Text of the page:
Cash Flow in the Time of COVID-19

Posted on: April 15, 2020

By Sheila Walkington BBA, CFP®

No matter what your financial circumstances, you’re probably at least a little bit freaked out by the impact that COVID-19 is having or could have on your day to day cash flow. Whether you are employed, self-employed or drawing income from your investments in retirement, COVID-19 doesn’t discriminate. It’s hitting us all where it hurts financially, myself included. 

The antidote to fear is knowledge and a plan. 

While you might dread the thought of tracking or tallying up all your expenses, there has never been a time when this is more critical. To regain some sense of control and financial stability, you need to be very clear with what your expenses are and how to prioritize if you are faced with a drop in income.

Knowing how much money you absolutely need to pay the bills and how much you need (or want) for some of the more discretionary expenses will help you see the full picture, and help you plan forward.

Sheila Walkington Money Coach Vancouver BCSheila’s COVID-19 Cash Flow Plan

I have always kept a very close eye on the expenses for my husband and I. Being self-employed and not always knowing what my monthly income will be, I felt comfort in at least knowing what I needed, bare minimum, to make ends meet. And on the flip side when money became more predictable and perhaps a bit more flush, knowing our numbers made it easier to plan for savings, debt reduction and some extras like travel.

In mid-March when it became clear that COVID-19 was going to shut down stores and businesses, one of the first things I did was revisit our numbers. Could we live on my husband’s income alone? Would we have to defer our mortgage to make ends meet? What could we cut if need be?

If I hadn’t worked through the financial implications of all these scenarios, my initial fear/panic would have been hard to soothe. The outcome of this planning exercise gave me a sense of relief that yes, if our income was severely reduced, we could still manage.

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Doing the Numbers

Use our Spending and Savings Plan worksheet to calculate and review your numbers. First determine what your spending and bills are, then use the 3rd column to tally and calculate your essential monthly spending and bills you need to plan for during these extraordinary times.

Here’s a run down of what I determined for our own expenses to give you an idea of how this exercise works:

Bills/Expenses we will not be incurring for now:

  • House cleaner, cancelled. Savings $144/mo
  • RSP savings – on hold for now. Savings $1,000/mo
  • Bus pass. Husband now working from home. $80 savings

Total Monthly Savings:  $1,224 (now being added to our emergency fund)

Savings Accounts we normally fund (and money we won’t be spending)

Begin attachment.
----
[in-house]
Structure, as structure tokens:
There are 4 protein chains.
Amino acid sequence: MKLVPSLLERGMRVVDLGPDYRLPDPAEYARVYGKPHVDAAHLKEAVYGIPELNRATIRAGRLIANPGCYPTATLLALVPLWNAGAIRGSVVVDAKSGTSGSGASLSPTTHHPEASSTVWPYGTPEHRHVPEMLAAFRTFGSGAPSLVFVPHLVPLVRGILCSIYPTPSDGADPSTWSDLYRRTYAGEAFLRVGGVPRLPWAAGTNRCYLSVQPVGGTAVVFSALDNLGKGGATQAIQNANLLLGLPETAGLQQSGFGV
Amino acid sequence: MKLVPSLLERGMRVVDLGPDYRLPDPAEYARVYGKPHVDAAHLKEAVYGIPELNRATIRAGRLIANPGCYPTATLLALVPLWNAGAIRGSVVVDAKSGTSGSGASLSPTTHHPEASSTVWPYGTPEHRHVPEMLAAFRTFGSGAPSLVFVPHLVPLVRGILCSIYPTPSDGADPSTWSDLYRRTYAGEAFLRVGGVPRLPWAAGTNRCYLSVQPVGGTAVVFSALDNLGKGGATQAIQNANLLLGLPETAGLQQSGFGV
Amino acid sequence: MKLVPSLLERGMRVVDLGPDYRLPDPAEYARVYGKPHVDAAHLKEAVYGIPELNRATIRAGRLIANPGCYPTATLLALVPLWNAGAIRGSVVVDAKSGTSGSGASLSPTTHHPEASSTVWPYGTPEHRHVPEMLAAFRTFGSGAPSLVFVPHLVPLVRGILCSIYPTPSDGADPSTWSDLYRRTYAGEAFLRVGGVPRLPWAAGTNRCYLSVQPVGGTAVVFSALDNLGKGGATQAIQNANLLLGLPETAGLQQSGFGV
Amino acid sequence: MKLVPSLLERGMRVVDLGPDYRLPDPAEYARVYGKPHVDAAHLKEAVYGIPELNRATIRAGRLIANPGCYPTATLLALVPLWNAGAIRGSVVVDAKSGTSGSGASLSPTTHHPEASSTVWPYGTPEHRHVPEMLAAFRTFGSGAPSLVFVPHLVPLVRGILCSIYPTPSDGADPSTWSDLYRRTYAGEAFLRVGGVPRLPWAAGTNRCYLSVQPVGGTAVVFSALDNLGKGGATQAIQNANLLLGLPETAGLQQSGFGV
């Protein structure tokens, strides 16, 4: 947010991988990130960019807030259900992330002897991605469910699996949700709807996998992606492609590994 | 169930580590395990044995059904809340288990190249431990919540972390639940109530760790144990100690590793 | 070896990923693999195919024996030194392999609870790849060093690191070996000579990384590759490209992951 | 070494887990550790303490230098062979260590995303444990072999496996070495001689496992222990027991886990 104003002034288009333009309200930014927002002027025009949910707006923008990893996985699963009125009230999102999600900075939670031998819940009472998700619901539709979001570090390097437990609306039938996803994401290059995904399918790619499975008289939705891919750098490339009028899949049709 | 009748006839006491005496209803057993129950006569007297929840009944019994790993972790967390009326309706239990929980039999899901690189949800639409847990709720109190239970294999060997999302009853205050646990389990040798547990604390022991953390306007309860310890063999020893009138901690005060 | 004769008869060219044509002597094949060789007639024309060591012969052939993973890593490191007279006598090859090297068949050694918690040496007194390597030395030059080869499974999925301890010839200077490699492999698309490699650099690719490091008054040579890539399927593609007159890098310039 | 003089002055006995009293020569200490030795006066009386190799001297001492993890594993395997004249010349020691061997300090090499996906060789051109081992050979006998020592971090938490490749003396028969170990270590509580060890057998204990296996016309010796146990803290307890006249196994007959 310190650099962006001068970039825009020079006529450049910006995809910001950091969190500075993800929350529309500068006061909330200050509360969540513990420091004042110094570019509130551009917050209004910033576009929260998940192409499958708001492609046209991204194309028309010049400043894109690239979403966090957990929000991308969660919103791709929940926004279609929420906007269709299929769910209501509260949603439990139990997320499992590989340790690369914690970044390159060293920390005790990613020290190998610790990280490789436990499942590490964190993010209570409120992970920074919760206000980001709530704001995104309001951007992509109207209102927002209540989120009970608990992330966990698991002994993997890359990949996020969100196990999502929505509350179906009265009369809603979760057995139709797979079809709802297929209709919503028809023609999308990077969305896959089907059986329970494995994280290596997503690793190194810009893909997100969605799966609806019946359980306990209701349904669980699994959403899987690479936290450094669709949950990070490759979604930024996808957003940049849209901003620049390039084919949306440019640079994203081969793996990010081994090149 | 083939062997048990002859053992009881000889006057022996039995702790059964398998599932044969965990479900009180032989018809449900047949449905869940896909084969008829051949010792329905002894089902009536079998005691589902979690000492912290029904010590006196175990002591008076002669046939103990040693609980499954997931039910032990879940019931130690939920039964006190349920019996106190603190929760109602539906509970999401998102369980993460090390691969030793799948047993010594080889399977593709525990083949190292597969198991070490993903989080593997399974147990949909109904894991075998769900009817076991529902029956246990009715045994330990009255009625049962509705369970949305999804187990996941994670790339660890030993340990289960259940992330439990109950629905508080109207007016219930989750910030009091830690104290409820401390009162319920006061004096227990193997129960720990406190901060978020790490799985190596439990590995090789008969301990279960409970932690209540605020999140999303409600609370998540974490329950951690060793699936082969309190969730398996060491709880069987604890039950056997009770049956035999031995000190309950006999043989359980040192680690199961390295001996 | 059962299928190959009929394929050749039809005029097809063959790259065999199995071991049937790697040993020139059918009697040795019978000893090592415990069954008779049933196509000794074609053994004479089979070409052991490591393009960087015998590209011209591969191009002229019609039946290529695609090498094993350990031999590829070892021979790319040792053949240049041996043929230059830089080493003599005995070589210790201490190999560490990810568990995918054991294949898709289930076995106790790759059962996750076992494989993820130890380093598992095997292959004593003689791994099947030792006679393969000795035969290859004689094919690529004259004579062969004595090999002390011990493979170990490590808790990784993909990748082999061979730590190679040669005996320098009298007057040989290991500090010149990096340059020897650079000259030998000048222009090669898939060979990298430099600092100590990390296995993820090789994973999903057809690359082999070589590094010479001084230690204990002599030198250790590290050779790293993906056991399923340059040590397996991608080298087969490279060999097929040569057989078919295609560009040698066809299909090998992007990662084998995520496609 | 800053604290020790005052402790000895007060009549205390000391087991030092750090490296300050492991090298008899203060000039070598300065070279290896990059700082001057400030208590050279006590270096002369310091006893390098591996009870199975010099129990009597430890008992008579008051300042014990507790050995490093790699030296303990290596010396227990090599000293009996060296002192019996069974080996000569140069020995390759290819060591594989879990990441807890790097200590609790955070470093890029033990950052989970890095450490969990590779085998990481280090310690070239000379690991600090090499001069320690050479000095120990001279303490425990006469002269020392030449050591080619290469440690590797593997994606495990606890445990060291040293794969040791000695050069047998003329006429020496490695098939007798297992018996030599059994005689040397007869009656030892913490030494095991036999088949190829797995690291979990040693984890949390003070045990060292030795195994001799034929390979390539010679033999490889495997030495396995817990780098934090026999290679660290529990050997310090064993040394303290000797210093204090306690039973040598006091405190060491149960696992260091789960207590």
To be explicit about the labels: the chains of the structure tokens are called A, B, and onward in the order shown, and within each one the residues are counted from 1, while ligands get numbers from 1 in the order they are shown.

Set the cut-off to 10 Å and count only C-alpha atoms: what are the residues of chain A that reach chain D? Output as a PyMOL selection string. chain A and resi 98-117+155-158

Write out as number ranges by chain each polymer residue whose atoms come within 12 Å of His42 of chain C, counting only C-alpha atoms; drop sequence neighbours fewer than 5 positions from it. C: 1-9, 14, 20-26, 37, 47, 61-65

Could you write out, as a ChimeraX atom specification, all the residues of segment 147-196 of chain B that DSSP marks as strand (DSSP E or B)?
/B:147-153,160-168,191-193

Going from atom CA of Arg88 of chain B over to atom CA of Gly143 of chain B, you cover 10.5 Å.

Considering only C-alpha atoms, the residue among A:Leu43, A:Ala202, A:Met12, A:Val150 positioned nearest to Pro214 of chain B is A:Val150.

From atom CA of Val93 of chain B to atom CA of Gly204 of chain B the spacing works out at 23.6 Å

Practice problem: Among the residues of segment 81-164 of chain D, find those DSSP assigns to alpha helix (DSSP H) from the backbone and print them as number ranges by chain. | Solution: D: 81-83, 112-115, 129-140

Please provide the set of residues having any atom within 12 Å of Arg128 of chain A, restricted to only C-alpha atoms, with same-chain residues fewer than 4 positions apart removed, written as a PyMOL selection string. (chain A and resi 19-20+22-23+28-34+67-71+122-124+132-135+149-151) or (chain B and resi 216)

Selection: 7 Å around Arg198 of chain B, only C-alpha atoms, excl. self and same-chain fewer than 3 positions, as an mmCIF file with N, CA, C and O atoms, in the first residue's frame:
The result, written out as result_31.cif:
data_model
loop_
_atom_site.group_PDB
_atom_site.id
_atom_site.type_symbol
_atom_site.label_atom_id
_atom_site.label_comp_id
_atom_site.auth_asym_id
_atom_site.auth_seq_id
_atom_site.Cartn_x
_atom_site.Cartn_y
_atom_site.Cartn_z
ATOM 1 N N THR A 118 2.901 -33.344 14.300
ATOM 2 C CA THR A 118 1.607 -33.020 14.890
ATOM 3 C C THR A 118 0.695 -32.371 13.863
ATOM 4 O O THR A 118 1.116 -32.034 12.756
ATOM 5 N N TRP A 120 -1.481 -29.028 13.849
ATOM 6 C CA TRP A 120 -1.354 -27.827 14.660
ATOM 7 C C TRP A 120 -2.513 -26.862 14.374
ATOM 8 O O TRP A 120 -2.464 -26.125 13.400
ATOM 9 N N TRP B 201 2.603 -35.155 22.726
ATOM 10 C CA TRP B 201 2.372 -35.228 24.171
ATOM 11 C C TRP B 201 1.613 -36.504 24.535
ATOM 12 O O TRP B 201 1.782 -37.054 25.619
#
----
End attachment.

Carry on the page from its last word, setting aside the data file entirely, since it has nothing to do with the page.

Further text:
If you are familiar with our On Track Money Management System, and our “envelope” or “bank account” system, these are the amounts that we save to various accounts each month. Many of them could be completely eliminated if our incomes dropped.

  • Family Fun. Eating at home only. No takeout, movies or entertainment. $200/mo
  • Travel savings. All on hold! $475/mo. We even received some deposits back on spring and summer trips cancelled.
  • Gas. We are not driving anywhere, except the grocery store that is 2 kms away. $80/mo
  • Annual boy’s trip/weekends for hubby. $100/mo
  • Gifts. $200/mo (sorry family, but a nice e-card may be in your inbox this year)
  • Sheila’s spending money (clothes, hair, wine, take out coffee etc) $400/mo
  • David’s spending money (clothes, hair, beer, take out coffees, etc) $400/mo
  • Medical/Dental (chiro, massage, dental) $150/mo.

Total Savings: $2,005 (now being added to our emergency fund)

If Cash Flow gets really tight:

  • Mortgage deferral (savings $2,347/mo)
  • Monthly charitable donations: $63
  • Fortis gas – $20 – can be deferred interest free for 3 months (but then payable over next 12 months)
  • BC Hydro. $144/mo. (If either you or your spouse stop working due to COVID-19, you may be eligible for three months of bill credit based on average consumption)
  • Defer BC Property taxes. In BC if you are 55 or older you can defer your annual property taxes. Hubby happens to qualify for this if need be. About $1,800/yr, so $150/mo.

Total monthly expenses we could defer (or reduce): $2,751. Most of these are not actual savings, only a deferral of payment, so eventually the amounts would have to be repaid (except the donations which I am reluctant to cancel at this point.)

Some discretionary expenses we have not deferred or cancelled, and likely won’t:

  • My monthly yoga membership to Hot Yoga 101. They have been doing daily online Zoom classes, and they are awesome! I now have more time than ever to do yoga, all from the comfort of my own home.
  • Art supplies. My husband David loves to paint, and so he put in an online order (we are still waiting!) for more supplies to keep him busy.
  • We seem to be happy to give up beer and wine, but coffee has been deemed essential.

One Expense that has gone up: